Montreal Expos - The Throwback

Montreal Expos including The Washington Nationals

Operating as usual

Montreal Expos - The Throwback updated their business hours. 09/03/2021

Montreal Expos - The Throwback updated their business hours.

Montreal Expos - The Throwback updated their business hours.

09/03/2021
Vintage Baseball T-shirts - www.coolerme.com 08/18/2021

Vintage Baseball T-shirts - www.coolerme.com

Vintage Baseball T-shirts - www.coolerme.com Vintage Baseball T-shirts - www.coolerme.com

Photos from Montreal Expos - The Throwback's post 08/18/2021

Photos from Montreal Expos - The Throwback's post

07/06/2021
Montreal Expos Hats 07/01/2021

Montreal Expos Hats

Montreal Expos Hats Hard to find and Exclusive Authentic Montreal Expos Hats with the best Fitted hats and caps including beanies and snapbacks by New Era.

That time Tommy Lasorda got the Expos mascot tossed out of a 22-inning, 1-0 game 06/25/2021

That time Tommy Lasorda got the Expos mascot tossed out of a 22-inning, 1-0 game

Youppi!

That time Tommy Lasorda got the Expos mascot tossed out of a 22-inning, 1-0 game The story of a game that had 22 innings, one run, one mascot ejection and so much more

06/24/2021

The franchise was based in Montreal and known as the Expos (after Expo 67, the world’s fair held in the city in 1967) for the first 36 years of its existence. Founded in 1969, the Expos were one of four teams to join Major League Baseball (MLB) that year. Montreal lost 110 games in its first season to finish at the bottom of its division and tie for the worst record in the major leagues (with the San Diego Padres), and the team continued to finish in the lower half of the NL East throughout its first decade. In 1979, under the guidance of future Hall of Fame manager Dick Williams, the Expos posted their first winning season and finished only two games out of a division title. Behind star players such as catcher Gary Carter and outfielders Andre Dawson and Tim Raines, the Expos advanced to their first postseason appearance two years later during the strike-shortened 1981 season. That year they won their first-round series against the Philadelphia Phillies before losing to the eventual world champion Los Angeles Dodgers as the result of a ninth-inning home run in the deciding fifth game of the NL Championship Series.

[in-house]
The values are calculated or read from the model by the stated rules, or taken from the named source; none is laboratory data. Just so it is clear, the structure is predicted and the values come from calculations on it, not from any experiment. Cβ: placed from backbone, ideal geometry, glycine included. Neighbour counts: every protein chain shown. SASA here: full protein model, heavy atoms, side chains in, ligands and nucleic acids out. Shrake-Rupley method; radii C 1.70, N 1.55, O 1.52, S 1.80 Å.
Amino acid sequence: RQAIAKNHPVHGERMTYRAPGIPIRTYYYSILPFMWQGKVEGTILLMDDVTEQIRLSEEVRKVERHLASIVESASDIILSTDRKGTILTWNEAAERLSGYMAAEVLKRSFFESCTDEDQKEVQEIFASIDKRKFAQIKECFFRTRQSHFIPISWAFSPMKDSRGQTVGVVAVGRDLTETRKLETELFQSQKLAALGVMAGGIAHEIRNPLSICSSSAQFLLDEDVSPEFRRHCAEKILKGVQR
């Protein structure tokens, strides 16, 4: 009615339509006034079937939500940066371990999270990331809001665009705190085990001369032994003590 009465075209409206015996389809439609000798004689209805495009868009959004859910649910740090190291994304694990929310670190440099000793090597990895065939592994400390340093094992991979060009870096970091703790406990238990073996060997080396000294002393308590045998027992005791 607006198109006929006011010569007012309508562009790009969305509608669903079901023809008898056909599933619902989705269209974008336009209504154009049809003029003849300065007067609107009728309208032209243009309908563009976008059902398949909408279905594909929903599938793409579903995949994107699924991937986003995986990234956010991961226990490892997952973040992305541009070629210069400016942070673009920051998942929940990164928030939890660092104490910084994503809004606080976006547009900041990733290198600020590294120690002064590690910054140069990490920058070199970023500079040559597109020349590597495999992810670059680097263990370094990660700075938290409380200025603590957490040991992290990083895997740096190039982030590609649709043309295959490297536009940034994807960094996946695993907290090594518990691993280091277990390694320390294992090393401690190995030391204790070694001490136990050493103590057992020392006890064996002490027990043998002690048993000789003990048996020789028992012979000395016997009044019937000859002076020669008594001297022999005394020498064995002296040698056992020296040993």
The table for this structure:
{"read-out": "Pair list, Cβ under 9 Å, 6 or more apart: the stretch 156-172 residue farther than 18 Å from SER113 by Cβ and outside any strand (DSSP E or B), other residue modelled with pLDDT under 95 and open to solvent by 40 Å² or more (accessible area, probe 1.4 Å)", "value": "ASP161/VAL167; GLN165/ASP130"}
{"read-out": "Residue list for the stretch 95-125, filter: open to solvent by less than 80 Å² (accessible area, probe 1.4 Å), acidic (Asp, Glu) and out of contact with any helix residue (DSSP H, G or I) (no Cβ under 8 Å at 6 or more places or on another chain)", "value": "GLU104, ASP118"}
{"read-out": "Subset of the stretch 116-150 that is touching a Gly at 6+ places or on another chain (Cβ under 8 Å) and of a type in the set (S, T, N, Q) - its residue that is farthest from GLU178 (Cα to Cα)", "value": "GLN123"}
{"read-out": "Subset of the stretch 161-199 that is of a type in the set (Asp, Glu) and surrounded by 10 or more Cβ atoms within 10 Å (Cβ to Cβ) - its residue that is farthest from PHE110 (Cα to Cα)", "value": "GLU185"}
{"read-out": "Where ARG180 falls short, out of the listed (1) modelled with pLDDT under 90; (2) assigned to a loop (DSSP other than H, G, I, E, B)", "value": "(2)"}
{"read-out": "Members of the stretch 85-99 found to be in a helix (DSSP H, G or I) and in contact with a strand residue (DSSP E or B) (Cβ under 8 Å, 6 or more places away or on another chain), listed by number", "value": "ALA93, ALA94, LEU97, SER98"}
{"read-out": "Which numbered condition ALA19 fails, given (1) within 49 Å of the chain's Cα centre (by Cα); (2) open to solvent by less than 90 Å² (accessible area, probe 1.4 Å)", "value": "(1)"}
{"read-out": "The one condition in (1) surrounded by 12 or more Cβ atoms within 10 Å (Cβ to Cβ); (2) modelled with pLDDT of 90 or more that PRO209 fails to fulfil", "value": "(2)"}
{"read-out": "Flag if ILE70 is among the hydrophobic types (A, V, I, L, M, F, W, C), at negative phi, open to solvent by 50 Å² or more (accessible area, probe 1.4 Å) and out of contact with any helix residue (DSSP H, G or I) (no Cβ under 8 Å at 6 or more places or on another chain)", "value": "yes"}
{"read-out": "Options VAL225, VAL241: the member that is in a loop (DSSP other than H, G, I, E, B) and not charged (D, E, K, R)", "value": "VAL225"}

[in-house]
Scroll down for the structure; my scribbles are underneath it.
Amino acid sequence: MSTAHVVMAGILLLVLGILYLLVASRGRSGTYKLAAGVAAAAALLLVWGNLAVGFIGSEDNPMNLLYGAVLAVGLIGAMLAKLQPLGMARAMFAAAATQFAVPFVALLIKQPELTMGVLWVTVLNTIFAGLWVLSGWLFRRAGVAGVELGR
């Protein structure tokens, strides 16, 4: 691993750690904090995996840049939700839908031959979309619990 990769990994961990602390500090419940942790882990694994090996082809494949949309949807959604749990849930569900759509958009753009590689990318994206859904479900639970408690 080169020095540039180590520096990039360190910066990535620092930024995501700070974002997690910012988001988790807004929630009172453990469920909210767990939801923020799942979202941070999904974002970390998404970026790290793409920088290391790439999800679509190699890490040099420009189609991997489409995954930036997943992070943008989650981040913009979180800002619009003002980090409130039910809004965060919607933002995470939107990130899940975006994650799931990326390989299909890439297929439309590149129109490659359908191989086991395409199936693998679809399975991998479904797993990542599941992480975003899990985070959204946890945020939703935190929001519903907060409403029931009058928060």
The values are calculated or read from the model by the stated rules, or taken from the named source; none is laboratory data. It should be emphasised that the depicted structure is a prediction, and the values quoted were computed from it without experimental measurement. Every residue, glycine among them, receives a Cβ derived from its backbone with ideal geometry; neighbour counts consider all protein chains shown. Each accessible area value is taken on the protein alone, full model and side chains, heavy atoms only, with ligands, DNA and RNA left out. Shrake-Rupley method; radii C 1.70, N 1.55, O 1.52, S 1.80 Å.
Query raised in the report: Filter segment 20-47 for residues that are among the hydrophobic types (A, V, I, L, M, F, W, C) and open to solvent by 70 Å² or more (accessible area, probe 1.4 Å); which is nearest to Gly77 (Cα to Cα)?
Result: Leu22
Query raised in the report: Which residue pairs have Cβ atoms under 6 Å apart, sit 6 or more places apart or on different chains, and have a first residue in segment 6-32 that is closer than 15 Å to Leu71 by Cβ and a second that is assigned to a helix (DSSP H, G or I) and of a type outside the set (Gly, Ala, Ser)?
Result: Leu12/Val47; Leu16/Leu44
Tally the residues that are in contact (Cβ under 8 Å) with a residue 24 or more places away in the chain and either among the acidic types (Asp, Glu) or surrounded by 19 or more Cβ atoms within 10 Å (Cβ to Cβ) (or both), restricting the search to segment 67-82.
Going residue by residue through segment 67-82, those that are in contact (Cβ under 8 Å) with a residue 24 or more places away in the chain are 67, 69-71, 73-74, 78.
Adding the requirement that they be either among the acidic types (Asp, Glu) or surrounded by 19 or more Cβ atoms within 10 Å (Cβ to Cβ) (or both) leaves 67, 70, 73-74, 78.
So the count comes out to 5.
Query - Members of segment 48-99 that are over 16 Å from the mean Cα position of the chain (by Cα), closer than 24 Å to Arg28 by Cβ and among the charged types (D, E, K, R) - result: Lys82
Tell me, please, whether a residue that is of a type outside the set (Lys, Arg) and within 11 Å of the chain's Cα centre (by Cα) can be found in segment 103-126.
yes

For the remainder of the 1980s, Montreal fielded teams that usually finished their seasons with winning percentages within a few games of .500. In the early 1990s the Expos amassed a roster filled with young talent—such as outfielders Moises Alou, Marquis Grissom, and Larry Walker, as well as pitcher Pedro Martínez—that led to a rapid ascent toward the top of the divisional standings. After finishing the 1993 season three games out of first place, Montreal posted a league-best 74–40 record in 1994 only to have the remainder of the season canceled over a labor dispute, cutting short the team’s best chance to win a division title. By the time MLB renewed play in 1995, Montreal had lost much of its young talent through free agency or trades in the off-season, and the Expos ended the year at the bottom of the NL East standings.

In 1996 the team called up future All-Star slugger Vladimir Guerrero, but his late-season addition was not enough to push the Expos past the Atlanta Braves in their division. The Expos then began a prolonged period of subpar play that coincided with a decrease in home game attendance and complaints by team ownership about the Expos’ home stadium, which led to questions about the stability of the team’s tenure in Montreal.

In 2001 the Expos were one of two teams (with the Minnesota Twins) that commissioner Bud Selig proposed for elimination from the major leagues in an effort to raise revenue throughout the sport. The team was then sold to MLB in 2002. A Minnesota court order effectively ended the threat of contraction in the major leagues, so MLB pursued relocating the franchise. The Expos played a handful of their “home” games in San Juan, Puerto Rico, in 2003 and 2004 while MLB courted suitors from different North American cities. In 2005 the Expos moved to Washington, D.C., and became known as the Nationals.

The franchise was based in Montreal and known as the Expos (after Expo 67, the world’s fair held in the city in 1967) for the first 36 years of its existence. Founded in 1969, the Expos were one of four teams to join Major League Baseball (MLB) that year. Montreal lost 110 games in its first season to finish at the bottom of its division and tie for the worst record in the major leagues (with the San Diego Padres), and the team continued to finish in the lower half of the NL East throughout its first decade. In 1979, under the guidance of future Hall of Fame manager Dick Williams, the Expos posted their first winning season and finished only two games out of a division title. Behind star players such as catcher Gary Carter and outfielders Andre Dawson and Tim Raines, the Expos advanced to their first postseason appearance two years later during the strike-shortened 1981 season. That year they won their first-round series against the Philadelphia Phillies before losing to the eventual world champion Los Angeles Dodgers as the result of a ninth-inning home run in the deciding fifth game of the NL Championship Series.